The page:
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Carbon Sequestration is a Big Win for WI Ag PDF Print E-mail
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Written by Jeff Smith, State Senator District 31   
Wednesday, 17 January 2024 09:56

wisconsin_farm_windmillSen. Smith writes about carbon sequestration for Wisconsin, the ecological and economical role farmers can play for curbing climate change and enhancing agricultural opportunities for future generations.


MADISON - Severe drought conditions plagued Wisconsin’s growing season this spring and summer. This winter shifted from fifty degrees and rainy to subzero temps and snowy. I don’t often put a lot of stock in short term weather observations as an indicator for climate change, but it’s hard not to notice over my own lifetime how our weather has progressively gone haywire. There is no doubt that cumulative observations and data gathering around the world is showing that climate change is to blame.

As carbon dioxide levels increase, we need a solution to put the carbon back into the ground where it belongs – it’s called carbon sequestration. This is where farmers play a key role in our work toward curbing the effects of climate change. Farmers don’t put on their bibs, grease up their equipment and say, “I’m going to sequester carbon today,” but they do a darn good job of it. Their primary goal is to profit from the land, but they accomplish far more than that just by doggedly pursuing their primary purpose.

farmer-wicornFarmers understand weather. It should come to no surprise, they are taking notice of erratic weather patterns, changing precipitation levels, and the increasing frequency of extreme weather events. For farmers to produce, they need goldilocks weather – not too hot, not too cold, not too dry, and not too wet. Consistent seasonal weather helps them plan for planting and harvesting. But climate change poses a significant challenge for farmers to produce high crop yields and maintain overall farm productivity.

Farmers are seeing the benefits of carbon sequestration practices such as cover cropping, agroforestry, and no-till farming. These actions stabilize soils during heavy rains, provide carbon to the soil through plant material that decays allowing microbes essential for plant growth to thrive and add nutrients back into the ground to be utilized by the next crop. Most of all though, carbon sequestration methods are natural and efficient ways to rehabilitate soils while also producing crops. It lets farmers leave the ground better for future generations.

If those reasons aren’t enough, increased profitability may be the main reason farmers are adopting carbon sequestration practices. Improved soil health leads to higher yields, reduces dependence on synthetic fertilizers, and lowers production costs. Farmers can market directly to carbon-conscious consumers too. Sustainably grown products fetch a premium in the market, offering Wisconsin farmers a competitive edge.

jeff-smithA carbon credit marketplace is emerging rapidly and farmers stand the most to gain from it. It essentially puts a price on pollution. Companies that cannot go green or want to go green can offset their emissions by purchasing credits from farmers or others who are committed to carbon sequestering practices. This presents a lucrative opportunity for farmers to diversify income streams. It is relatively new, but it could help farmers with the financial resources to retool their practices and put a little extra cash in their pockets just by doing the right thing.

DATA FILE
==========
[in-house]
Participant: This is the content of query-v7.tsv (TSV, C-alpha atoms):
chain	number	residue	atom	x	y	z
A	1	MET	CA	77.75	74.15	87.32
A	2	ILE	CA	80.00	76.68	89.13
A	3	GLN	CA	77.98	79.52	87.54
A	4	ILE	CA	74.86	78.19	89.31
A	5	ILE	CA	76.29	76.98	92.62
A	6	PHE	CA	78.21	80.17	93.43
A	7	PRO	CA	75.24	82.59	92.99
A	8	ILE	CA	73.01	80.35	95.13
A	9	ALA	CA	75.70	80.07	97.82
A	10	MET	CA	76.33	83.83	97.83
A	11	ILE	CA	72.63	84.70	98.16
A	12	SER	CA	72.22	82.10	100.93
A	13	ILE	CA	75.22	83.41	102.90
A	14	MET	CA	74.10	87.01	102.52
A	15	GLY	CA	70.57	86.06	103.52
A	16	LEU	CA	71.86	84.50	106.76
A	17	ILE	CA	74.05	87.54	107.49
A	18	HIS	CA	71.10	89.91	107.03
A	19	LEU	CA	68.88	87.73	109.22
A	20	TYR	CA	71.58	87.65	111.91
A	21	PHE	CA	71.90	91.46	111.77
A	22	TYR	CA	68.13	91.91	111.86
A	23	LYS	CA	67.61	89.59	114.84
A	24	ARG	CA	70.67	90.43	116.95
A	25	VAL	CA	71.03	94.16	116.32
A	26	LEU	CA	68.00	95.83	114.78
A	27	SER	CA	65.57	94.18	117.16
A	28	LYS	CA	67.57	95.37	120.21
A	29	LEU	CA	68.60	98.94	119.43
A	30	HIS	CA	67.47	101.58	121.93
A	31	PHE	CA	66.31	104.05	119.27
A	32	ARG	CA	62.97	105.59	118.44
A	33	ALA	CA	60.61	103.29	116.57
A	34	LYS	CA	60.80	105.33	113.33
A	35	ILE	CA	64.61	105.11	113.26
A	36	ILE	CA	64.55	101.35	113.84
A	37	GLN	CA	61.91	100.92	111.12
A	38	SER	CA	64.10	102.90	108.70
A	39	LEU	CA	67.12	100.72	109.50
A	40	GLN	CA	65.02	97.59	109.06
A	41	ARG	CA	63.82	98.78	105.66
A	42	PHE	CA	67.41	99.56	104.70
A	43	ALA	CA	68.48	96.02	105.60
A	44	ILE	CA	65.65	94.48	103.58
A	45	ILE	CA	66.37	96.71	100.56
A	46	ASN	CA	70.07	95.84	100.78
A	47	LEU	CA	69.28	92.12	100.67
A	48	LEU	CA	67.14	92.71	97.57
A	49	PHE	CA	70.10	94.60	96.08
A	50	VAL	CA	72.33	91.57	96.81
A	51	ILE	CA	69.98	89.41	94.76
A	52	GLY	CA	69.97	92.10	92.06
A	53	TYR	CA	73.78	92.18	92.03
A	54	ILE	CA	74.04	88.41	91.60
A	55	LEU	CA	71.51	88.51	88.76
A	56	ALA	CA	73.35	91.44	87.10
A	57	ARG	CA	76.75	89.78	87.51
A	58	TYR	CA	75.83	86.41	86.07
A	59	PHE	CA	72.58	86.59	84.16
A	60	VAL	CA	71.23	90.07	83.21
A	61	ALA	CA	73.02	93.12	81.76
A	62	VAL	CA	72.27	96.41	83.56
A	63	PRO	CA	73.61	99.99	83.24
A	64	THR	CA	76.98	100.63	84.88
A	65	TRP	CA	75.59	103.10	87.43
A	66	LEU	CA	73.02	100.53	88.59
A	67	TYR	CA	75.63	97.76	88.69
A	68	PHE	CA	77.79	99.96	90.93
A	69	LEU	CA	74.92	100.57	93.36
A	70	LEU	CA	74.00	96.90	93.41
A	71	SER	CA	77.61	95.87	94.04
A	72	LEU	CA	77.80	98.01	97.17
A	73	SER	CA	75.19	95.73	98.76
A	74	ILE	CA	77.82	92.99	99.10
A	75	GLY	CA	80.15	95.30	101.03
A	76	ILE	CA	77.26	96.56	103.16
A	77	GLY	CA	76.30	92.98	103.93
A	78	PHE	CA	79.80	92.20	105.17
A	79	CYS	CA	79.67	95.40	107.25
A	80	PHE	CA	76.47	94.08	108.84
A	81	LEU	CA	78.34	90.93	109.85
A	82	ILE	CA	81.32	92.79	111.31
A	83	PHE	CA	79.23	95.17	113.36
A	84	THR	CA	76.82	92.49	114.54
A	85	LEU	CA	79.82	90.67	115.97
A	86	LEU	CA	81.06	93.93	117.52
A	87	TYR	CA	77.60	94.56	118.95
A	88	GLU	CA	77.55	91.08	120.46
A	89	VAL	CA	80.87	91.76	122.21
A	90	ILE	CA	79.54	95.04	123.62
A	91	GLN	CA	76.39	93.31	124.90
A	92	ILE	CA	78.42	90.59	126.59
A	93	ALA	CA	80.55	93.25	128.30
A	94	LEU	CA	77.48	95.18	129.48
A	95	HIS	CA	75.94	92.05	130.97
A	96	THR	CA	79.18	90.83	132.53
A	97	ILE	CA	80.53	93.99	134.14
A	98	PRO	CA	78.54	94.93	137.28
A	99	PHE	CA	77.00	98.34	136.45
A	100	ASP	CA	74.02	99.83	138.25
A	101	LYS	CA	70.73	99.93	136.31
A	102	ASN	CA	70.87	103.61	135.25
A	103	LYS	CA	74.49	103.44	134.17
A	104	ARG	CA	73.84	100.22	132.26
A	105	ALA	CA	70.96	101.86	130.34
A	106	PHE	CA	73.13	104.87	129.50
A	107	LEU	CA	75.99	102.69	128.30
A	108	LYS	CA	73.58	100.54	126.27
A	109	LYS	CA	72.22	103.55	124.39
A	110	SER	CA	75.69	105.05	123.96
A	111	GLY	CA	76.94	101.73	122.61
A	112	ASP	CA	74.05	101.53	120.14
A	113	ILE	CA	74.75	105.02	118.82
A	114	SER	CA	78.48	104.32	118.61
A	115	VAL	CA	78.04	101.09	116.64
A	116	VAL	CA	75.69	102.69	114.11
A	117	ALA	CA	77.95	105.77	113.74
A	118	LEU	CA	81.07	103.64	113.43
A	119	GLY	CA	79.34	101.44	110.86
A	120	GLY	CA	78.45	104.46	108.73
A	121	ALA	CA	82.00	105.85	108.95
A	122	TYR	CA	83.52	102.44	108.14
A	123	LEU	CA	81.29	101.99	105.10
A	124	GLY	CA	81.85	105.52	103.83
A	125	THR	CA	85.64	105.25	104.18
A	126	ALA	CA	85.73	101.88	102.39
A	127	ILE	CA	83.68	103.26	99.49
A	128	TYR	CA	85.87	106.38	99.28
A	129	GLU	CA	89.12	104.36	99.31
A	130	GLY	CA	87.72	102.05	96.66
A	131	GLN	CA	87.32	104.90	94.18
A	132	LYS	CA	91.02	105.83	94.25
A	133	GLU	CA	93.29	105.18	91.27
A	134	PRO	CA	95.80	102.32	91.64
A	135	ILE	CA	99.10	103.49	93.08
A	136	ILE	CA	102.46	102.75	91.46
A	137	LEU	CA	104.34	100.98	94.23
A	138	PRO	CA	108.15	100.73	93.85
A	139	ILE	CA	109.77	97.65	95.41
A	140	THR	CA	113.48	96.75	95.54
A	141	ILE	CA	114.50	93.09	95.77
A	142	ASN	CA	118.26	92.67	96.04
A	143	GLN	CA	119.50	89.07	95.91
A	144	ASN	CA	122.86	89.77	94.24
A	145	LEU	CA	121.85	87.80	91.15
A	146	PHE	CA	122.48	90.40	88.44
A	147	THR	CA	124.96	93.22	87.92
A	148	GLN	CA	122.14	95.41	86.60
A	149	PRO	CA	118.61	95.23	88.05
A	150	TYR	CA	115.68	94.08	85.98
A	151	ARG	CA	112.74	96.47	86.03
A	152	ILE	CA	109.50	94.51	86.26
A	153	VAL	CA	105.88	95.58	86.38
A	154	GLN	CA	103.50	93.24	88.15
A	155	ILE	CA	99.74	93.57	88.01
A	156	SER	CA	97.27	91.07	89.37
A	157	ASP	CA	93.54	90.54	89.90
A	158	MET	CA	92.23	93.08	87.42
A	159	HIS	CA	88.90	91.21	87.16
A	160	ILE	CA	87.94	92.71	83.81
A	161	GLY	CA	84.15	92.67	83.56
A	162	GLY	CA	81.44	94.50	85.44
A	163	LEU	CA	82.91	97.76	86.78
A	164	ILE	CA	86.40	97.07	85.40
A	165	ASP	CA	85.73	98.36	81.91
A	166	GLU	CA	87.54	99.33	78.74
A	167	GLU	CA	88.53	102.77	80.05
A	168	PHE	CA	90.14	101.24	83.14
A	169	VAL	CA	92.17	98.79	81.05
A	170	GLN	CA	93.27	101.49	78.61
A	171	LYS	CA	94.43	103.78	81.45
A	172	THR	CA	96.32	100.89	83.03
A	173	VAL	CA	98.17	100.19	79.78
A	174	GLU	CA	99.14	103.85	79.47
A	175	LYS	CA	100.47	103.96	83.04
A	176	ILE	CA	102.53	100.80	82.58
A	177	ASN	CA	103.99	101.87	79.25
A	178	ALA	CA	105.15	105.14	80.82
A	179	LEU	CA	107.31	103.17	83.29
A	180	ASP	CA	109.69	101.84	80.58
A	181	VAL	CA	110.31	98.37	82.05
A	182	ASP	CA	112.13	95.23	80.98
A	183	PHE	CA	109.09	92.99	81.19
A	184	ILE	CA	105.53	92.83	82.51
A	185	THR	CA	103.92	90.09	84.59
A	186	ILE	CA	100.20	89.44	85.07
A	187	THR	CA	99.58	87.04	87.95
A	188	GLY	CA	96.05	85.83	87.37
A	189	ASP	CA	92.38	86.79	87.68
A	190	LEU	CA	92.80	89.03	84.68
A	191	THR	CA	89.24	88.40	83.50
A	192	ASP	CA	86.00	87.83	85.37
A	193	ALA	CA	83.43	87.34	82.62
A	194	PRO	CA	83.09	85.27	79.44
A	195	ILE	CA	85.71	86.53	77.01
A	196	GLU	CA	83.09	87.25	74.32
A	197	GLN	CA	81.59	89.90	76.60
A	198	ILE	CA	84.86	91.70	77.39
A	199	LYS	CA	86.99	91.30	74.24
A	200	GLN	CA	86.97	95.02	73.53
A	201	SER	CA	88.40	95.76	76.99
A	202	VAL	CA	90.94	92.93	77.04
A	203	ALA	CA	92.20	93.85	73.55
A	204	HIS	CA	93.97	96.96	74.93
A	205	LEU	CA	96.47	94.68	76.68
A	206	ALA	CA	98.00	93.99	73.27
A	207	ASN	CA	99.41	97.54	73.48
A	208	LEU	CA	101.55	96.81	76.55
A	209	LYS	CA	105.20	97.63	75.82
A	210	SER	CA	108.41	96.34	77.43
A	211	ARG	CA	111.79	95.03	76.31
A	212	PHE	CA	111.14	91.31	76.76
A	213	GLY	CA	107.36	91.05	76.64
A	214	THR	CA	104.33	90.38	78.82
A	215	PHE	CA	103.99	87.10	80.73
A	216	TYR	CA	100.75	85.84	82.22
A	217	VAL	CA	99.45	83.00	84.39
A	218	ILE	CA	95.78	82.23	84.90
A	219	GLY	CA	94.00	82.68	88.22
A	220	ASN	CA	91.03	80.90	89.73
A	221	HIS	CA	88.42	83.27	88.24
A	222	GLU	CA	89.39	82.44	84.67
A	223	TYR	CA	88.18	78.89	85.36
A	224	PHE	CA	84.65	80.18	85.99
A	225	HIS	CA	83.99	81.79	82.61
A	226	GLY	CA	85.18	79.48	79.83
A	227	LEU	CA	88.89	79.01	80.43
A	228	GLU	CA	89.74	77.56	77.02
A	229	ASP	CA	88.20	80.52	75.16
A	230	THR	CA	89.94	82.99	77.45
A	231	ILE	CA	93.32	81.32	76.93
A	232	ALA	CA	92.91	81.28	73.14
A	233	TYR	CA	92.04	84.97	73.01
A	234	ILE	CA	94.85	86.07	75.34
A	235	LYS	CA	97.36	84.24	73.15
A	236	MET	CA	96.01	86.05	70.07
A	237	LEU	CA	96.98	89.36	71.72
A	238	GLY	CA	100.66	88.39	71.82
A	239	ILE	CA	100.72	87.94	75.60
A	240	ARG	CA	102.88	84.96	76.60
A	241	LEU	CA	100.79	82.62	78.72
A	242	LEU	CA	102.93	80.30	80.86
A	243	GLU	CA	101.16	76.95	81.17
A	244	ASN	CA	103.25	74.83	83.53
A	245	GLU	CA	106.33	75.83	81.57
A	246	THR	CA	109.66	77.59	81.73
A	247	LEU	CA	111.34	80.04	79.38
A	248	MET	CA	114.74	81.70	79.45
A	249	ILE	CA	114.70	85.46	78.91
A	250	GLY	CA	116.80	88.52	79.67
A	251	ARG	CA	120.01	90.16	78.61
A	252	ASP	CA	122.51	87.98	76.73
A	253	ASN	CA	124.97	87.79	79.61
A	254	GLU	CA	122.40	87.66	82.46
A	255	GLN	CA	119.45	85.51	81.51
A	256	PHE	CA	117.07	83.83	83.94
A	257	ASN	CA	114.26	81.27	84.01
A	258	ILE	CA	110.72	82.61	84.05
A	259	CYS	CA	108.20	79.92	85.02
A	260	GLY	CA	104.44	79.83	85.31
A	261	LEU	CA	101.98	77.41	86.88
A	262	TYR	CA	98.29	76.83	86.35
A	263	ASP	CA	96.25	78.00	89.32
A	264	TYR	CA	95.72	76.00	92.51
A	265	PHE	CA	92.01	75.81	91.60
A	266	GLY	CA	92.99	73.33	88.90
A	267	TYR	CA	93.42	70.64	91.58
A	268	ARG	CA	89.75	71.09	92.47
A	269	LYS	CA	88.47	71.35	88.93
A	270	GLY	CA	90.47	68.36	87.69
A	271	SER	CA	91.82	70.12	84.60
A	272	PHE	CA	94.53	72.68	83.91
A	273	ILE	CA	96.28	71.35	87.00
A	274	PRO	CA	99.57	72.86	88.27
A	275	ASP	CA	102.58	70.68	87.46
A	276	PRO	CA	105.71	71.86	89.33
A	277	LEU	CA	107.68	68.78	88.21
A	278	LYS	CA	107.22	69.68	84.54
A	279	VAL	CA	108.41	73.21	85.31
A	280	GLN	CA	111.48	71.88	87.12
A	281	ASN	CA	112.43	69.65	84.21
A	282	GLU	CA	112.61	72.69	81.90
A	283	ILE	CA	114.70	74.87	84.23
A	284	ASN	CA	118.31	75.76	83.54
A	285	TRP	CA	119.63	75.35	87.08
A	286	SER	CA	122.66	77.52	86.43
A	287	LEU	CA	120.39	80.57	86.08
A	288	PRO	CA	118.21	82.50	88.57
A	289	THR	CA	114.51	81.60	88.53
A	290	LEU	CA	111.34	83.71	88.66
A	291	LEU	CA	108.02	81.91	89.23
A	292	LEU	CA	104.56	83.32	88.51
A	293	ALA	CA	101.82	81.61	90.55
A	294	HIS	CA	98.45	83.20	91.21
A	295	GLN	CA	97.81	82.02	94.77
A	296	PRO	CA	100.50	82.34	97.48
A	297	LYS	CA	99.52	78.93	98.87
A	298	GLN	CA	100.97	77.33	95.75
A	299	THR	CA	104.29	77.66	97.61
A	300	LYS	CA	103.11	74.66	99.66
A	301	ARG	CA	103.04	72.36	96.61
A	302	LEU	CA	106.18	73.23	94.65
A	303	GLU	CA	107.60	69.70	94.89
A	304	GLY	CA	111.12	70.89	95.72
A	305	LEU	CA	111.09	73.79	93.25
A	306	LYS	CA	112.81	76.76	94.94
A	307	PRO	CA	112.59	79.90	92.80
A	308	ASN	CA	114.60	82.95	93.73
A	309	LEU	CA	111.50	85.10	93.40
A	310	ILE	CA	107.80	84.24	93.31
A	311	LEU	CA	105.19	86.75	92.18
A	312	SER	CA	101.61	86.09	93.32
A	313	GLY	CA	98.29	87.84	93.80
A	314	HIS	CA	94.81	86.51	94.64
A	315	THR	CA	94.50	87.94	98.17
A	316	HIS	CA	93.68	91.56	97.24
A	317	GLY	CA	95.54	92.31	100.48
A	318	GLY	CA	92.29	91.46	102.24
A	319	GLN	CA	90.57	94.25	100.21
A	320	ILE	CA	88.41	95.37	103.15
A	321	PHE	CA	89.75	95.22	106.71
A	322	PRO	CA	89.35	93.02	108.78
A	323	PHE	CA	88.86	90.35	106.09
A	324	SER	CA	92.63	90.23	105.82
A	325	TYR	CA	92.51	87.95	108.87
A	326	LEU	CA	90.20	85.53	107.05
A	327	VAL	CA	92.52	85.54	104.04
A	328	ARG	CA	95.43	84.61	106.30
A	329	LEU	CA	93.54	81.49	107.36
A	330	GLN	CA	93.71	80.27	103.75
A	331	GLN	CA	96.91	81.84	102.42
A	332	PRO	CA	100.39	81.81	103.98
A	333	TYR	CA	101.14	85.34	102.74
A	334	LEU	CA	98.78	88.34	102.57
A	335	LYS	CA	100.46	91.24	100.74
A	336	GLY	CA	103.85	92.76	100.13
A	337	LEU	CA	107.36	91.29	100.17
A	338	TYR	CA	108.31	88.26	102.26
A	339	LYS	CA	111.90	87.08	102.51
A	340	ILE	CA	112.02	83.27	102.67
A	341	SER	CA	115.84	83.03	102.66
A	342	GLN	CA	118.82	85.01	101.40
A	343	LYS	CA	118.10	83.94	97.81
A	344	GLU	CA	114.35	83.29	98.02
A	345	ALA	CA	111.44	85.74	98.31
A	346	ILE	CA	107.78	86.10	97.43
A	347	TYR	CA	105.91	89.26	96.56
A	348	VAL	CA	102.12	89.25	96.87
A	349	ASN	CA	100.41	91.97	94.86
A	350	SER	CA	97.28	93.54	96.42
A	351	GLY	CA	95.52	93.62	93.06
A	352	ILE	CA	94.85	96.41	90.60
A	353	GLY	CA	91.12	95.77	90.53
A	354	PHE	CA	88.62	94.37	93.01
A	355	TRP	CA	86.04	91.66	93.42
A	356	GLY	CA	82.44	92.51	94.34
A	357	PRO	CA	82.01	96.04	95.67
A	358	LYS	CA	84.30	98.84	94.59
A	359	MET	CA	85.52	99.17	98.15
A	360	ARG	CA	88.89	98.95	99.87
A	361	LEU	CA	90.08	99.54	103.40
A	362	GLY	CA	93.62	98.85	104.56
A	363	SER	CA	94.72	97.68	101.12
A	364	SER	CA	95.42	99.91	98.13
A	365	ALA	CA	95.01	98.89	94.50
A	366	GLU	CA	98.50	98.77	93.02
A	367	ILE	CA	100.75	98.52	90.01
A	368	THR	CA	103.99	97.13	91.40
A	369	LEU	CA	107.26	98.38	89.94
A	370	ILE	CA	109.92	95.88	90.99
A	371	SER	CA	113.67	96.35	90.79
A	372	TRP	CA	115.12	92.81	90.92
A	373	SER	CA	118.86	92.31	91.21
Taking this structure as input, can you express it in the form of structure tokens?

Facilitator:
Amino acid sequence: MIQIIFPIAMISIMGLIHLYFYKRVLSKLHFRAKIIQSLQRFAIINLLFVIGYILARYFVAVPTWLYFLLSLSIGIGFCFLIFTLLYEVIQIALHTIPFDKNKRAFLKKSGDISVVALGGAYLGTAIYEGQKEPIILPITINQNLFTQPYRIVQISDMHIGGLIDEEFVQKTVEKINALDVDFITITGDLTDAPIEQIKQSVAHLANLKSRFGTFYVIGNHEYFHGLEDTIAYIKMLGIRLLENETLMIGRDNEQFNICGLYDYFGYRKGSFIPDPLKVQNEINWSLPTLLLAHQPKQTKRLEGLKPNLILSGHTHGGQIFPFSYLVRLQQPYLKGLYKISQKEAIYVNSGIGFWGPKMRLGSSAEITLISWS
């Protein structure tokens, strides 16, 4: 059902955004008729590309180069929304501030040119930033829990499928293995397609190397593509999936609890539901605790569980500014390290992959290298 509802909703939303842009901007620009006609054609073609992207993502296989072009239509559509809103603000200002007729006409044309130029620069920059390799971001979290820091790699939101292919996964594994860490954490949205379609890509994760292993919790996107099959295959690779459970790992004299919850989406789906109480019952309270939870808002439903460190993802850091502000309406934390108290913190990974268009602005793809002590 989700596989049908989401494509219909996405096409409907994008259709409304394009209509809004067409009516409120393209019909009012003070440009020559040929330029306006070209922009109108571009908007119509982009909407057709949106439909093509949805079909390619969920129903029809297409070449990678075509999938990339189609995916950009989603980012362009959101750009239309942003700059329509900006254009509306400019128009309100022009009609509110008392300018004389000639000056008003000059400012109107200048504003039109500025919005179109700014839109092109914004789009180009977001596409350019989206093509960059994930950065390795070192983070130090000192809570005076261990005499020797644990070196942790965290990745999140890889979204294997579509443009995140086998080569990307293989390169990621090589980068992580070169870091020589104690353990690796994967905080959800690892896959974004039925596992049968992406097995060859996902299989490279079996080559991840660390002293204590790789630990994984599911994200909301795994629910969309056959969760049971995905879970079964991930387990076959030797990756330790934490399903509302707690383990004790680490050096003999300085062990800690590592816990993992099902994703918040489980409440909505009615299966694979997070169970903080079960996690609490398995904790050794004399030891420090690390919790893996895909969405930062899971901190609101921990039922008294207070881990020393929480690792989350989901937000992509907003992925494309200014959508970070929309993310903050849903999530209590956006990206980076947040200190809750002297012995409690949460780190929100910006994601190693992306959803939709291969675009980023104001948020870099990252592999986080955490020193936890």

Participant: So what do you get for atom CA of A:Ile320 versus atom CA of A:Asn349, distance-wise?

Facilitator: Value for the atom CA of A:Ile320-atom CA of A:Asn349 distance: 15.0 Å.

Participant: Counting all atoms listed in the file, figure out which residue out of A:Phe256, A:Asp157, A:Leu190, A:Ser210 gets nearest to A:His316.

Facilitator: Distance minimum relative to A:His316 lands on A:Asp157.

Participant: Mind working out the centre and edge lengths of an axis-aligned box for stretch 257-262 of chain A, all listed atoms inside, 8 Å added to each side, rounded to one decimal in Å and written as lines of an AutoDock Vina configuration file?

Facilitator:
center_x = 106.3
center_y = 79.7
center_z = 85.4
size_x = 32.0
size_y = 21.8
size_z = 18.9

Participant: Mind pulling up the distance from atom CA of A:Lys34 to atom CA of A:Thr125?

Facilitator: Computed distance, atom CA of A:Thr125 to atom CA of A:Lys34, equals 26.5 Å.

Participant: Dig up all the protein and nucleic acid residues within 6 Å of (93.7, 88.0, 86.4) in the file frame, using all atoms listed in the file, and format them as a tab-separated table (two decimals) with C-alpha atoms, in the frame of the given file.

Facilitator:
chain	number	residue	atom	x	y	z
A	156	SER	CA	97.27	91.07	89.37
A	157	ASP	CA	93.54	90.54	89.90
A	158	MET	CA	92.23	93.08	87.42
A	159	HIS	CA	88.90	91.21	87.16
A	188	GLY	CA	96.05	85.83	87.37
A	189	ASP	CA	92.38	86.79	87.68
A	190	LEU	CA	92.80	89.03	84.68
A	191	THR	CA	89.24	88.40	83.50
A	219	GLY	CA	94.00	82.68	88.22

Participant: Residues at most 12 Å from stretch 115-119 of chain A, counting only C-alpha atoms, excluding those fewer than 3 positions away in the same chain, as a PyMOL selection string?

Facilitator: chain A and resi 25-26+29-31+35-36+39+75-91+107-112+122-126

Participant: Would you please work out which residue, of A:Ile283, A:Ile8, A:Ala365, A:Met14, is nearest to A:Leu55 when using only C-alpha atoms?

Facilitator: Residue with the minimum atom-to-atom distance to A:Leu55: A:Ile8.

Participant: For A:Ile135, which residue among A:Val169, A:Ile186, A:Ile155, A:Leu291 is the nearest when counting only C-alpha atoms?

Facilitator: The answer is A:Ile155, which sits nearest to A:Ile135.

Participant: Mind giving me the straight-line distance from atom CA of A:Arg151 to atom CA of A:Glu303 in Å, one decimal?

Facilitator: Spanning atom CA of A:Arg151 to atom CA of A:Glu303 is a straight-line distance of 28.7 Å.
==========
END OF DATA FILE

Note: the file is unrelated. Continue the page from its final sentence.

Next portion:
The only stumbling block for the farmers in Wisconsin to participate in the carbon farming marketplace is a confidential and standardized calculator designed to show farmers how much they can be paid for adopting new practices.

Recently, in the Senate Agriculture and Tourism Committee, we approved Senate Bill 409. This bill from Senator Rob Cowles (R-Green Bay) and Loren Oldenburg (R-Viroqua) allows our Department of Agriculture, Trade and Consumer Protection (DATCP) to create a free online, interactive carbon calculator. This new tool would allow farmers to confidentially plug in information about their farming operation into the calculator to figure out new ways to reduce their carbon footprint and how to enhance their current practices for carbon sequestration.

Carbon sequestration is not merely a scientific concept; it is a practical solution with tangible benefits for Wisconsin farmers. It is truly a win-win-win for farmers – it lowers carbon dioxide emissions, regenerates soils and creates significant financial incentives. Farmers are resilient, resourceful individuals who are geared well for tackling climate change. They might just be the linchpin for our way out of this mess. Either way, farmers adopting carbon sequestration practices today will usher in a new era of agriculture designed for regeneration and sustainability for generations to come. That is something we can all believe in.


Senator Smith represents District 31 in the Wisconsin State Senate. The 31st Senate District includes all of Buffalo, Pepin and Trempealeau counties and portions of Pierce, Dunn, Eau Claire, Jackson and St. Croix counties.

 
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